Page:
I feel for Cord Camera, which recently closed their area stores here. Now that was a good company.
The last time I went to Cord (about 4 years ago), they had a new operator who printed my 27 rolls of a spring desert trip about as badly as possible, magenta skies, too dense, even with an EI 2/3 stop more than box speed. I asked for a full reprint, but the manager wanted me to go through all >1000 prints at the counter and make notes on how to correctly print each one. She was always sullen and resented having to deal with customers, not just me.
Maybe it was a good company, but they needed better employees.
The last time I went to Ritz they were still printing optically. I had to return the prints and tell them to clean the printer lens, which was badly fogged on the outer surface and losing a lot of contrast.
Any store that relies on the margins from camera sales is not going to survive long, especially in the current economy.
I went to a Ritz in Maryland looking for some 35mm film, and see what they had for Nikon Lenses the clerk says....Oh.. Nikon and Canon dont make film cameras anymore and the Nikon lenses are digital only. He went on to tell me how they no longer make film and how anything you buy now is old stock...when its gone its gone.
TRUE STORY ! I could not keep my mouth shut...I asked where he got his info ..."why its common knowledge" he replied ! I guess the next time I see him he will say something like "You want fries with that ?.....better get them now...they are not making them anymore ! "
It's a sign of the times. The competition is extreme and if you're going to compete on price then customers can only get what they pay for. The reality is that the majority of the staff simply aren't paid enough to give a damn. If you're competing with say CVS at 20 cents a print you have a problem with quality. The chains, for example, don't, (or didn't) have to purchase paper and chemistry - they paid Kodak by the print. They don't have to pay for maintenance of the processors - they buy enough to get that free. It's like the Nikon FM10 - made to a price - not a quality level. So the downward spiral goes. Cheap[er staff, cut maintenance corners etc.
I had a small camera store and studio until a few years ago. You couldn't compete on equipment sales. You'd spend hours with people discussing the right camera etc with them - then they'd come back with the camera you recommended from Best Buy or whatever and ask you to show them how to use it! Plus the box stores would sell this stuff for less than it cost me to buy it. The $100 more that a camera cost from me was the entire gross margin - which on a $1,200 piece of equipment ain't a lot!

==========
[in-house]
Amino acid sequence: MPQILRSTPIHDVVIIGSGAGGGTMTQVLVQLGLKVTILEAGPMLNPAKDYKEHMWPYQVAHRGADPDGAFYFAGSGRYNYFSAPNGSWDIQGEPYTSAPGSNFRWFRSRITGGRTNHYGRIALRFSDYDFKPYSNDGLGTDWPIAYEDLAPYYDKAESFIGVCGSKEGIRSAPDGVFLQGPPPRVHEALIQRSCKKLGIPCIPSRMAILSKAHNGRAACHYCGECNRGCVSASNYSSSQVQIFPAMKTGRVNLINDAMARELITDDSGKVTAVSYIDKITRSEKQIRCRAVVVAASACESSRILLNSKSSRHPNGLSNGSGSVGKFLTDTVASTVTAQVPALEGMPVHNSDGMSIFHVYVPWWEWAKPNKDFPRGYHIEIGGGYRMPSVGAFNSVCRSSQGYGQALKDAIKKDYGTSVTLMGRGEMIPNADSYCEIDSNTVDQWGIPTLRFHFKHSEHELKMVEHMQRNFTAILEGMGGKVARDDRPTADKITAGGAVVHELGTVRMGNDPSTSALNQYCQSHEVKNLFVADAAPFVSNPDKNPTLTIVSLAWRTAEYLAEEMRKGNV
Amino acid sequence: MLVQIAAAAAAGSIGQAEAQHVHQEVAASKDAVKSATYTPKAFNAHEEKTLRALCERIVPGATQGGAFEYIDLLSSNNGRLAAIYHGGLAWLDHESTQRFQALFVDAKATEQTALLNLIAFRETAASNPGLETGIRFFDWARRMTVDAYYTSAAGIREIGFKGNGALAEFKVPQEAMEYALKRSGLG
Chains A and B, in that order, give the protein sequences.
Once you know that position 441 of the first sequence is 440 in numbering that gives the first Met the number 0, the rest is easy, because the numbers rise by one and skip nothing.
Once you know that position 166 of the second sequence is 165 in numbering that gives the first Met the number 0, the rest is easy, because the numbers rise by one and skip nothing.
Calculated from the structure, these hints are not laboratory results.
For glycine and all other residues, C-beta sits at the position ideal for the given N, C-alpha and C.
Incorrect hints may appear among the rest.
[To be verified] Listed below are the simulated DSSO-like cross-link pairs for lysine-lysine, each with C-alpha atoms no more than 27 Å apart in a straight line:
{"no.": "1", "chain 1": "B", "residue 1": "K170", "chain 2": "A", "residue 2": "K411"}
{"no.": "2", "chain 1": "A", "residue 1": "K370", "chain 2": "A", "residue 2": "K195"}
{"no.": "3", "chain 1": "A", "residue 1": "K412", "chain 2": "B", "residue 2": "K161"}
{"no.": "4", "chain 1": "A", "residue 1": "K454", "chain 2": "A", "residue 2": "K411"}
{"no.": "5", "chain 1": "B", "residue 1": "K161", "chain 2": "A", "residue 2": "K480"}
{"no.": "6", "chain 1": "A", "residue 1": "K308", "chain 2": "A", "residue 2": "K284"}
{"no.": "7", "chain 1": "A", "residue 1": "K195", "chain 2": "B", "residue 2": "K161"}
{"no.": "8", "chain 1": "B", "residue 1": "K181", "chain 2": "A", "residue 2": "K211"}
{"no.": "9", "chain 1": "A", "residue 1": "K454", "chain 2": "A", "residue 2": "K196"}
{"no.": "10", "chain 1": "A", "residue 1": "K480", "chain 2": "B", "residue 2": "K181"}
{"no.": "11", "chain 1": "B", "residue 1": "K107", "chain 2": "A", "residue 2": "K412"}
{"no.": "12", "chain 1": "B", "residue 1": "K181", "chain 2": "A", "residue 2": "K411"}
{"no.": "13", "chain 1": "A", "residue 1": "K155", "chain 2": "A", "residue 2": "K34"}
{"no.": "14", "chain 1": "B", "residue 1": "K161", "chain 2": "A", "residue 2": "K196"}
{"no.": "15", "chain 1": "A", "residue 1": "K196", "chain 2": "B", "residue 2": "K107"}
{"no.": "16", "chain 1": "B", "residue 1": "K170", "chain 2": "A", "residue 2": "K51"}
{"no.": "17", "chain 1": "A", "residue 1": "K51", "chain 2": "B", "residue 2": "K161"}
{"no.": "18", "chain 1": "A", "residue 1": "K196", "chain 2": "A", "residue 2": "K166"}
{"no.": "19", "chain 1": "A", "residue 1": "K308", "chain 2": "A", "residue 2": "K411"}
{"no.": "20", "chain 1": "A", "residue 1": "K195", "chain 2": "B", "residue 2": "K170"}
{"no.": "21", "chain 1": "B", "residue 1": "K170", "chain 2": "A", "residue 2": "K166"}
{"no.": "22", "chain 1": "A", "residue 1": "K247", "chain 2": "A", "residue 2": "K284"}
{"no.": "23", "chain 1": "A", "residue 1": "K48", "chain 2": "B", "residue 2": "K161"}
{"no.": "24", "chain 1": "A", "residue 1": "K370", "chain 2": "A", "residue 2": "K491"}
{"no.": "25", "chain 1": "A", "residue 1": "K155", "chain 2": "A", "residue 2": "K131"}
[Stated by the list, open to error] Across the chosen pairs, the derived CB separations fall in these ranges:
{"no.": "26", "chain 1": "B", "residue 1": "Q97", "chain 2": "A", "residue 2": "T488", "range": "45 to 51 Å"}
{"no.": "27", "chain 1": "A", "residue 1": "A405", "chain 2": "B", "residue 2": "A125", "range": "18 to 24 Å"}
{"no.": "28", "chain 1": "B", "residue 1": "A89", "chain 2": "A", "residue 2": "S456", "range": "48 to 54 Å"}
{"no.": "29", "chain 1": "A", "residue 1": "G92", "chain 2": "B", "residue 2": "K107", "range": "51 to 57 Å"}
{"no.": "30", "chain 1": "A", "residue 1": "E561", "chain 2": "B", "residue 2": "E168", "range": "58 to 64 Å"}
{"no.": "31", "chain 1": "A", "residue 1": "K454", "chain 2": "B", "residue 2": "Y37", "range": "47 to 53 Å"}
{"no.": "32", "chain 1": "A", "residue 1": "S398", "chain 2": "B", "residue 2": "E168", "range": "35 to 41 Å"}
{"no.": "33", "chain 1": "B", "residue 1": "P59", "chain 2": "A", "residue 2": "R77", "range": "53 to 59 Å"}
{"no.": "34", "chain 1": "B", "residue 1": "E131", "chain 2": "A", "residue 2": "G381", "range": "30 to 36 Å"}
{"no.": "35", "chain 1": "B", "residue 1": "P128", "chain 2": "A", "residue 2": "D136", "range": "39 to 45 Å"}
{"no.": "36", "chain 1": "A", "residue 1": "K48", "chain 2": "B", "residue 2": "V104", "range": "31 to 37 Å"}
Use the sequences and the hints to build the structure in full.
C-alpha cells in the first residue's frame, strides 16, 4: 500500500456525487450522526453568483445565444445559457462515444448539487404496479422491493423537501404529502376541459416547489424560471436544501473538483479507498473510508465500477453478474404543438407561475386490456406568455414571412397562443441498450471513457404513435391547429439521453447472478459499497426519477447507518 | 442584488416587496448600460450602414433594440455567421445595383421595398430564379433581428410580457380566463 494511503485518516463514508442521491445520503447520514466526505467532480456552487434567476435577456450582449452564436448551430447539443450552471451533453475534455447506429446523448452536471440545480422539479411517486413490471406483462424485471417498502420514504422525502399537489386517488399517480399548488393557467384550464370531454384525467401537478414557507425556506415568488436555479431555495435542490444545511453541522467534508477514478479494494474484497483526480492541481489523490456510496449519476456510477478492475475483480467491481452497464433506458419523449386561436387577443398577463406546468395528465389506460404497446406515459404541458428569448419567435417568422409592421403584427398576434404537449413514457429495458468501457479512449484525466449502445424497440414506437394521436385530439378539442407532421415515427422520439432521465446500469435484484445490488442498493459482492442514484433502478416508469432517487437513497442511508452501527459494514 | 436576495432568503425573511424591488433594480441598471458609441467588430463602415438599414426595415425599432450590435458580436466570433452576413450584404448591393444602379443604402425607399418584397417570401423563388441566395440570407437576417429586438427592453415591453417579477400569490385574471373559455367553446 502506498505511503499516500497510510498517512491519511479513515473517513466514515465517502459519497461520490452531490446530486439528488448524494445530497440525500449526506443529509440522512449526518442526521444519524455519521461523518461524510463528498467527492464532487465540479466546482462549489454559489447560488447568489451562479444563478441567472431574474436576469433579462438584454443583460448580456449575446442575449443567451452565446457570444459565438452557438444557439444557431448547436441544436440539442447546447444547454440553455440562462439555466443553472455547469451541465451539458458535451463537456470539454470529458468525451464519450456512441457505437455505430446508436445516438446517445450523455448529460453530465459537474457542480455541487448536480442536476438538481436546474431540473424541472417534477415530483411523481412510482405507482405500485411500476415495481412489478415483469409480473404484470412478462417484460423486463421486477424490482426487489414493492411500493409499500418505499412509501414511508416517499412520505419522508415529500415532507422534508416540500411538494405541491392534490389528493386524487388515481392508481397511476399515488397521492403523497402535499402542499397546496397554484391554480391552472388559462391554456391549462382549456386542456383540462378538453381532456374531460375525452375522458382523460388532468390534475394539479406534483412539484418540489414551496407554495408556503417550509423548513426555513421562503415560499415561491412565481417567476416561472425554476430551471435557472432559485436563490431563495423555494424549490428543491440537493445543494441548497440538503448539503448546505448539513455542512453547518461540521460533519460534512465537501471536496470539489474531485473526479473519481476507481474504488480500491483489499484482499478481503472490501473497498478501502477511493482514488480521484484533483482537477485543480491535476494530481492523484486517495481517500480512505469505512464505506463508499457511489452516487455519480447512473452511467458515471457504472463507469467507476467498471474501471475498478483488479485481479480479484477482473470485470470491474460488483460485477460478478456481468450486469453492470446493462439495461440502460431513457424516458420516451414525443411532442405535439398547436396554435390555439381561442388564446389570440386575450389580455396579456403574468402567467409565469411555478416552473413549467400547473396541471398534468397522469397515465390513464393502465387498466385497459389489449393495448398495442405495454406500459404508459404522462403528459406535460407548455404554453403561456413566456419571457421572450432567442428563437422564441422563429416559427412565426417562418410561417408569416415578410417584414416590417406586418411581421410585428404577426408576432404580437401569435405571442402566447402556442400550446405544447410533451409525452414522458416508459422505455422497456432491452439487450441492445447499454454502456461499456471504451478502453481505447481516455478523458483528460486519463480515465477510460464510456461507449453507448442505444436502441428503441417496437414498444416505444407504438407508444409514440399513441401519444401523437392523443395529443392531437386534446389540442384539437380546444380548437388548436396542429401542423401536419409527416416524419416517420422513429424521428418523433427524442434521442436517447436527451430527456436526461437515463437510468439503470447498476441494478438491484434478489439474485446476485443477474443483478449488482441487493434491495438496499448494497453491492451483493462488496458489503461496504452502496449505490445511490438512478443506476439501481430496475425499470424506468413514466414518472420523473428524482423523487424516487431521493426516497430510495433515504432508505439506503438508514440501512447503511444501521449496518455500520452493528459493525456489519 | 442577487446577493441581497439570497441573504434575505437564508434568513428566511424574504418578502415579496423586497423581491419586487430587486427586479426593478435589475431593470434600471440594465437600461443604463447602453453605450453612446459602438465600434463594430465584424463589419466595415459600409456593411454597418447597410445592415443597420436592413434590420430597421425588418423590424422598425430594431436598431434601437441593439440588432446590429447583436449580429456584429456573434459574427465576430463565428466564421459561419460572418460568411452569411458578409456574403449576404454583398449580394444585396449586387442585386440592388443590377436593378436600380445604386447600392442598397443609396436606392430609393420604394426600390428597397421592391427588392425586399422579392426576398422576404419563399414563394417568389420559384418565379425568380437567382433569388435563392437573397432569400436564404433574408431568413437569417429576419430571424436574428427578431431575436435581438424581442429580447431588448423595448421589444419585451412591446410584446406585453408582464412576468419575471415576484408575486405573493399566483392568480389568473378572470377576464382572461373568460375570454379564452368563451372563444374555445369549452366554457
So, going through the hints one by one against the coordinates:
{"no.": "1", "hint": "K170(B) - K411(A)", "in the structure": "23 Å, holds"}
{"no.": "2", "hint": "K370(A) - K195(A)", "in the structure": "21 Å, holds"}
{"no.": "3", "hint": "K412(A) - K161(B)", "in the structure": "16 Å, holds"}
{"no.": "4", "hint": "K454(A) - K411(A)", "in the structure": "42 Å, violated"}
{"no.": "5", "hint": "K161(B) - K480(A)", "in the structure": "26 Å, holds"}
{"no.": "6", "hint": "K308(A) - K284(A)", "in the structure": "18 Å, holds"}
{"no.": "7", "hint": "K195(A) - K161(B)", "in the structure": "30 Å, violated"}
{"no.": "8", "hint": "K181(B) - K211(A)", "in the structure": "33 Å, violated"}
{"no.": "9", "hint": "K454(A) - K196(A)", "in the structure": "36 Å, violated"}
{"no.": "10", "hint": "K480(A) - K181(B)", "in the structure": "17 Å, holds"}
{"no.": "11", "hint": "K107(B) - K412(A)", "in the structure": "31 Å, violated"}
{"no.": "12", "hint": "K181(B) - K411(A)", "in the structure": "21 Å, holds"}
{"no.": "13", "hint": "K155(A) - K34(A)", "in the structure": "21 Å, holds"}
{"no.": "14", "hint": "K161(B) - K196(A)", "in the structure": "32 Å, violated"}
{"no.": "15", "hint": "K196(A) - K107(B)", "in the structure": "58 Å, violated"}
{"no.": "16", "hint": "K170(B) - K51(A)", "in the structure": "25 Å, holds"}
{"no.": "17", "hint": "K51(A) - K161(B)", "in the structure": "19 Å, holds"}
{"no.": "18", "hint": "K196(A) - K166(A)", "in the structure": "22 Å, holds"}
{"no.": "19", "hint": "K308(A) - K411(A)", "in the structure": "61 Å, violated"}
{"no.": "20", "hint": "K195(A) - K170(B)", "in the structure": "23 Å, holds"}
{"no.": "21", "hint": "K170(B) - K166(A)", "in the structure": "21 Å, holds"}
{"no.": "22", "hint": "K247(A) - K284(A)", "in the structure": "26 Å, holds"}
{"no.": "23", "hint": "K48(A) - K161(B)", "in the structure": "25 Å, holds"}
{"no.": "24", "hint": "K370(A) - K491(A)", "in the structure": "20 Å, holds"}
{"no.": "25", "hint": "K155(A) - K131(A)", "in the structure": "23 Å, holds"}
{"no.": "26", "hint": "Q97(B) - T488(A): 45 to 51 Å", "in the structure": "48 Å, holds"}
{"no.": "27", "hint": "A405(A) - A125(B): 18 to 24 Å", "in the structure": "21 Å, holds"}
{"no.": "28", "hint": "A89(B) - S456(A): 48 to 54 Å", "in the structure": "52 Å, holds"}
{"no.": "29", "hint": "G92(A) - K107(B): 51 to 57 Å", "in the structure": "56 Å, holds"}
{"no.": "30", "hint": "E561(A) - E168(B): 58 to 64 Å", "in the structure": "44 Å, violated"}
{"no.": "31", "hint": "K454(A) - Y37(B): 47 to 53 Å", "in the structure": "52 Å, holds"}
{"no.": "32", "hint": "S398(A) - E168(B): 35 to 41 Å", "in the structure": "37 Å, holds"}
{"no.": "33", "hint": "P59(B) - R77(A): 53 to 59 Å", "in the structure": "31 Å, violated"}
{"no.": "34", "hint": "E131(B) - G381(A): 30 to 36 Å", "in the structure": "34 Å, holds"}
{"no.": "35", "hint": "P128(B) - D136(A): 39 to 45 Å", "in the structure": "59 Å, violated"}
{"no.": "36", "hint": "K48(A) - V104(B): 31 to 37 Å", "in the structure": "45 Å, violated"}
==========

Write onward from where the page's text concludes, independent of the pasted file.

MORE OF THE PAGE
CVS would send people in to me to get jammed film out of their cameras. Then they'd take the film back to CVS for the processing.
My niche became B&W film and paper. I worked with all the school kids who would come in for supplies. Evaluate their technique etc. I'd even go to schools and repair and align their enlargers. Then the local Wally World decided to stock Tri-X and 5x7 paper at prices about 10% below my cost! Didn't stop people coming in for help and advice - stopped 'em buying from me though!
One summer my son worked in the photo dept. at Best Buy - he was written up for spending too much time with customers! Apparently his job was not to help customers - it was to sell them stuff!!
"It's "brave new world" out there and and seven days a week of 12 hour days fighting a losing battle just wasn't worth it. Guess what? I'm a part time commercial photographer now!
I don't see how this could be regarded a good thing. Even if I hated the store (actually I thought it was spotty but kinda okay) I wouldn't wish this outcome upon photography, on the general amateur population (which may not want to order via credit card online), nor ultimately the American taxpayer.
Let's see, where do we stand. Circuit city is bankrupt; BestBuy is rumoured to be not far behind. Ritz is gone. Options are disappearing. Not just for photography but for damn near everything.
This is not good in the long run... regardless of what you think of these establishments. They are not disappearing because of the issues mentioned above... they are disappearing because there are many ways to evade taxes by buying online and computers are cheaper clerks than.. real clerks. Hence online retailers are essentially subsidized with respect to their brick-and-mortar counterparts. This will change... but maybe not before people are buying groceries online. It's not good. Not good at all. And apparently most folks won't know that it's not good until the damage is irreparable and the purchasing options are down to B&H and Adorama.
This is all fine for those of us who can hop in the car and drive up to Manhattan and see firsthand what we are buying... but what about the 200 million other folks in the U.S. and beyond.
(N.b. I definitely have my issues with Ritz but I also am willing to complain to mgmt. and/or address the clerks with my issues... and in most cases they were immediately resolved. I think the local stores serve a vital function in the local photographic economy, that is my beef with some of the comments above.)
And the last time anybody here bought something from a REAL camera shop ?
Does Calumet count? I walked in and bought 40 sheets of 4x5 Astia about 10 days ago, although I then ordered 100 more from Badger Graphics because their price was about 20% lower. I see where this is going...